Fat distribution Fat distribution refers to the location of fat depots on the body. The metabolic activities of fat depots differ, and small variation can have a long-term impact on fat distribution. Differences in metabolic properties across depots also have clinical implications. Visceral adipose tissue in the abdominal cavity is more metabolically active reflected by free fatty acid flux than adipose tissue in other areas Arner and Eckel,and higher amounts of visceral adipose tissue are associated with greater risk of metabolic complications, such as type 2 diabetes and cardiovascular disease Daniels et al.
In contrast, subcutaneous fat, particularly in the gluteofemoral region, is generally associated with a lower risk of cardiometabolic disease. Age- and sex-associated variations in fat distribution contribute to age- and sex-associated differences in cardiometabolic disease prevalence.
Girls have more subcutaneous fat than boys at all ages, although relative fat distribution is similar. After a rapid rise in subcutaneous fat in the first few months of life, both sexes experience a reduction through age 6 or 7 Malina and Roche, ; Malina and Bouchard, ; Malina, Girls then show a linear increase in subcutaneous fat, whereas boys show a small increase between ages 7 and 12 or 13 and then an overall reduction during puberty.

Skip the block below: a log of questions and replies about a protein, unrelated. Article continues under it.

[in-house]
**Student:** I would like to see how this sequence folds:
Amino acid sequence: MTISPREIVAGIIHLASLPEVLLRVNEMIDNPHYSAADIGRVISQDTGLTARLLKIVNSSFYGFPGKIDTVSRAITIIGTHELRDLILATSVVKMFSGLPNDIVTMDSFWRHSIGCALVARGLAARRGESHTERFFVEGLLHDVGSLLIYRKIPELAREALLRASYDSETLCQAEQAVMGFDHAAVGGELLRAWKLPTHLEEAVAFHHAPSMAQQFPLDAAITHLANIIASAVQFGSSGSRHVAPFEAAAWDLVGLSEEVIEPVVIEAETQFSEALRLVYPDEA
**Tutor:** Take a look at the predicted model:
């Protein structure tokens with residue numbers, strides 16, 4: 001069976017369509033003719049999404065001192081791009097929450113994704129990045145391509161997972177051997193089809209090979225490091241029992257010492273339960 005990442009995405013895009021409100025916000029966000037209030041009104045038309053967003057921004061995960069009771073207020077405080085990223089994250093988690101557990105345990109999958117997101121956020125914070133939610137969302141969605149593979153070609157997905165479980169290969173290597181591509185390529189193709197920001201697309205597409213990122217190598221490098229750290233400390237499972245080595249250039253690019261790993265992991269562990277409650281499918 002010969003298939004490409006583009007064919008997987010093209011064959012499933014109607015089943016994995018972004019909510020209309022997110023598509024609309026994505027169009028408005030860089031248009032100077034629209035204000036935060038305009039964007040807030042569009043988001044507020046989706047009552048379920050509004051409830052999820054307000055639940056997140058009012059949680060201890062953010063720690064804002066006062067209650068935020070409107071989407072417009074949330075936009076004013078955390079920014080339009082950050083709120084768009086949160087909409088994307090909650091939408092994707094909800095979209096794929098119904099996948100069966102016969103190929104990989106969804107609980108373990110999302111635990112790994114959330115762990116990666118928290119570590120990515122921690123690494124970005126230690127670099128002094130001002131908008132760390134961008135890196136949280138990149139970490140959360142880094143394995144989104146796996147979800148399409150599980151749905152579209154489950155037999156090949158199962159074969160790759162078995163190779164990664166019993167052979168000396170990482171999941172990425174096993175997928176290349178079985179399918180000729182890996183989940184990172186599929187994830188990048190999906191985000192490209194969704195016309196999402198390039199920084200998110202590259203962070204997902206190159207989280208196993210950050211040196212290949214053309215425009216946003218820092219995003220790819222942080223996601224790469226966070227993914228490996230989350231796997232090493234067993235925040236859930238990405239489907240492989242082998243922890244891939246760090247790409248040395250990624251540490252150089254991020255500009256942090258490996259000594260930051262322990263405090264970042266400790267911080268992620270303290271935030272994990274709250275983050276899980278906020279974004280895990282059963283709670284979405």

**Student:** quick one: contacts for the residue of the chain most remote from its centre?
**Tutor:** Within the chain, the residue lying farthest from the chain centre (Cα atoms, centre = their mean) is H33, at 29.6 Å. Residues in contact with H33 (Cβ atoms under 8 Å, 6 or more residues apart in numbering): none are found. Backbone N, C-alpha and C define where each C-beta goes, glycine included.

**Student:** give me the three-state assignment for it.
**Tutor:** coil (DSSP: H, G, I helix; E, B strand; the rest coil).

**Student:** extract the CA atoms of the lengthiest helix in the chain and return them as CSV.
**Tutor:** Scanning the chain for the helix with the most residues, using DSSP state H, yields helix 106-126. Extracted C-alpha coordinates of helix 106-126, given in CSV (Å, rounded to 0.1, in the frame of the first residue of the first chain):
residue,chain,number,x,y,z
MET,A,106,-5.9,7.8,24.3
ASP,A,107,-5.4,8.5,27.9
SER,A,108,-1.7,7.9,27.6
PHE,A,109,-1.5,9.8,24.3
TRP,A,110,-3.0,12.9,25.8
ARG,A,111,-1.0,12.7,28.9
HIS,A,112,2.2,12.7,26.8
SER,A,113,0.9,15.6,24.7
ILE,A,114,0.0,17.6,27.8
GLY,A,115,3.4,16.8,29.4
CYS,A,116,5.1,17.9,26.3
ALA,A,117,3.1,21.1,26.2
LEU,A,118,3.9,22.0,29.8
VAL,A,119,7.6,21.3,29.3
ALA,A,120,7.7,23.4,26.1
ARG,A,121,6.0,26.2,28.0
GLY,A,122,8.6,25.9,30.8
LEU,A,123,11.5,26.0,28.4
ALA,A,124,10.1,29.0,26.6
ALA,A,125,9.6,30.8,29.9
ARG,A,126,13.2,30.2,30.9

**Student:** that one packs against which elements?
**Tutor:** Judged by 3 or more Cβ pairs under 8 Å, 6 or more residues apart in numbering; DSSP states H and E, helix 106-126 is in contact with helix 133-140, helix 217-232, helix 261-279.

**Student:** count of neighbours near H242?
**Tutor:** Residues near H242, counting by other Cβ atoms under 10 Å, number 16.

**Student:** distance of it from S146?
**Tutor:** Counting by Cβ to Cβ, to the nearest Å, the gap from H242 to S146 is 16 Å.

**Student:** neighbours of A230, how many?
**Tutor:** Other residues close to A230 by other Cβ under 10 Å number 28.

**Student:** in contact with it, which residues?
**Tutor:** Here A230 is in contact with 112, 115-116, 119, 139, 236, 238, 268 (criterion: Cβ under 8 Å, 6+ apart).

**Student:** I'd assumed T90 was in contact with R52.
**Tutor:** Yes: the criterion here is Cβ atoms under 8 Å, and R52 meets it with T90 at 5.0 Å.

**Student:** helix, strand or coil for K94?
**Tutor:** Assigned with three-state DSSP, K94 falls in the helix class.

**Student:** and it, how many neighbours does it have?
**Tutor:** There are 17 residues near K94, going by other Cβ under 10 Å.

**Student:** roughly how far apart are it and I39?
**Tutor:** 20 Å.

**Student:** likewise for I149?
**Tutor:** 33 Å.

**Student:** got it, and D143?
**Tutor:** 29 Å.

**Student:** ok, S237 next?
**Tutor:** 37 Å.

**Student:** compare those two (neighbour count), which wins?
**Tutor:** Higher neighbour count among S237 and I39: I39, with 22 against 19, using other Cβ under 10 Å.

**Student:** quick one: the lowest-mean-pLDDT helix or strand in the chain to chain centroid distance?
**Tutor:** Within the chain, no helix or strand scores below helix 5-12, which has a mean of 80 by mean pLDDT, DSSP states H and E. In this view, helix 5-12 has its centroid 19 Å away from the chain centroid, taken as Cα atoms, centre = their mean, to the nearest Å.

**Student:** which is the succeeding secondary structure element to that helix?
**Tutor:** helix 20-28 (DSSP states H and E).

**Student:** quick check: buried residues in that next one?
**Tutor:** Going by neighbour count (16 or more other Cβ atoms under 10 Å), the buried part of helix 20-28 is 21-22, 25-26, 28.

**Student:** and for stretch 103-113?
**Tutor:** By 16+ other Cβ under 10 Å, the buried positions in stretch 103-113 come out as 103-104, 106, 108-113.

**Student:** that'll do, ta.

The thickness of subcutaneous fat on the trunk is approximately one-half that of subcutaneous fat on the extremities in both boys and girls during childhood.
The ratio increases with age in males during adolescence but changes only slightly in girls. In males the increasing ratio of trunk to extremity subcutaneous fat is a consequence of slowly increasing trunk subcutaneous fat and a decrease in subcutaneous fat on the extremities. In girls, trunk and extremity subcutaneous fat increase at a similar rate; thus the ratio is stable Malina and Bouchard, As a consequence, the sex difference in the distribution of body fat develops during adolescence.
It is important to note that changes in subcutaneous fat pattern do not necessarily represent changes in abdominal visceral adipose tissue. Tracking of subcutaneous fat has been investigated based on skinfold thicknesses and radiographs of fat widths in males and females across a broad age range Katzmarzyk et al. Results indicate that subcutaneous fat is labile during early childhood.
After age 7 to 8, correlations between subcutaneous fat in later childhood and adolescence and adult subcutaneous fat are significant and moderate.
Longitudinal data on tracking of visceral adipose tissue are not available, but percent body fat does appear to track. Thus children and especially adolescents with higher levels of body fat have a higher risk of being overfat at subsequent examinations and in adulthood, although variation is considerable, with some individuals moving away from high fatness categories, while some lean children move into higher fatness categories.
In cross-sectional studies, active children and adolescents tend to have lower skinfold thicknesses and less overall body fat than their less active peers Loftin et al. Longitudinal studies indicate small differences in fatness between active and inactive boys and girls.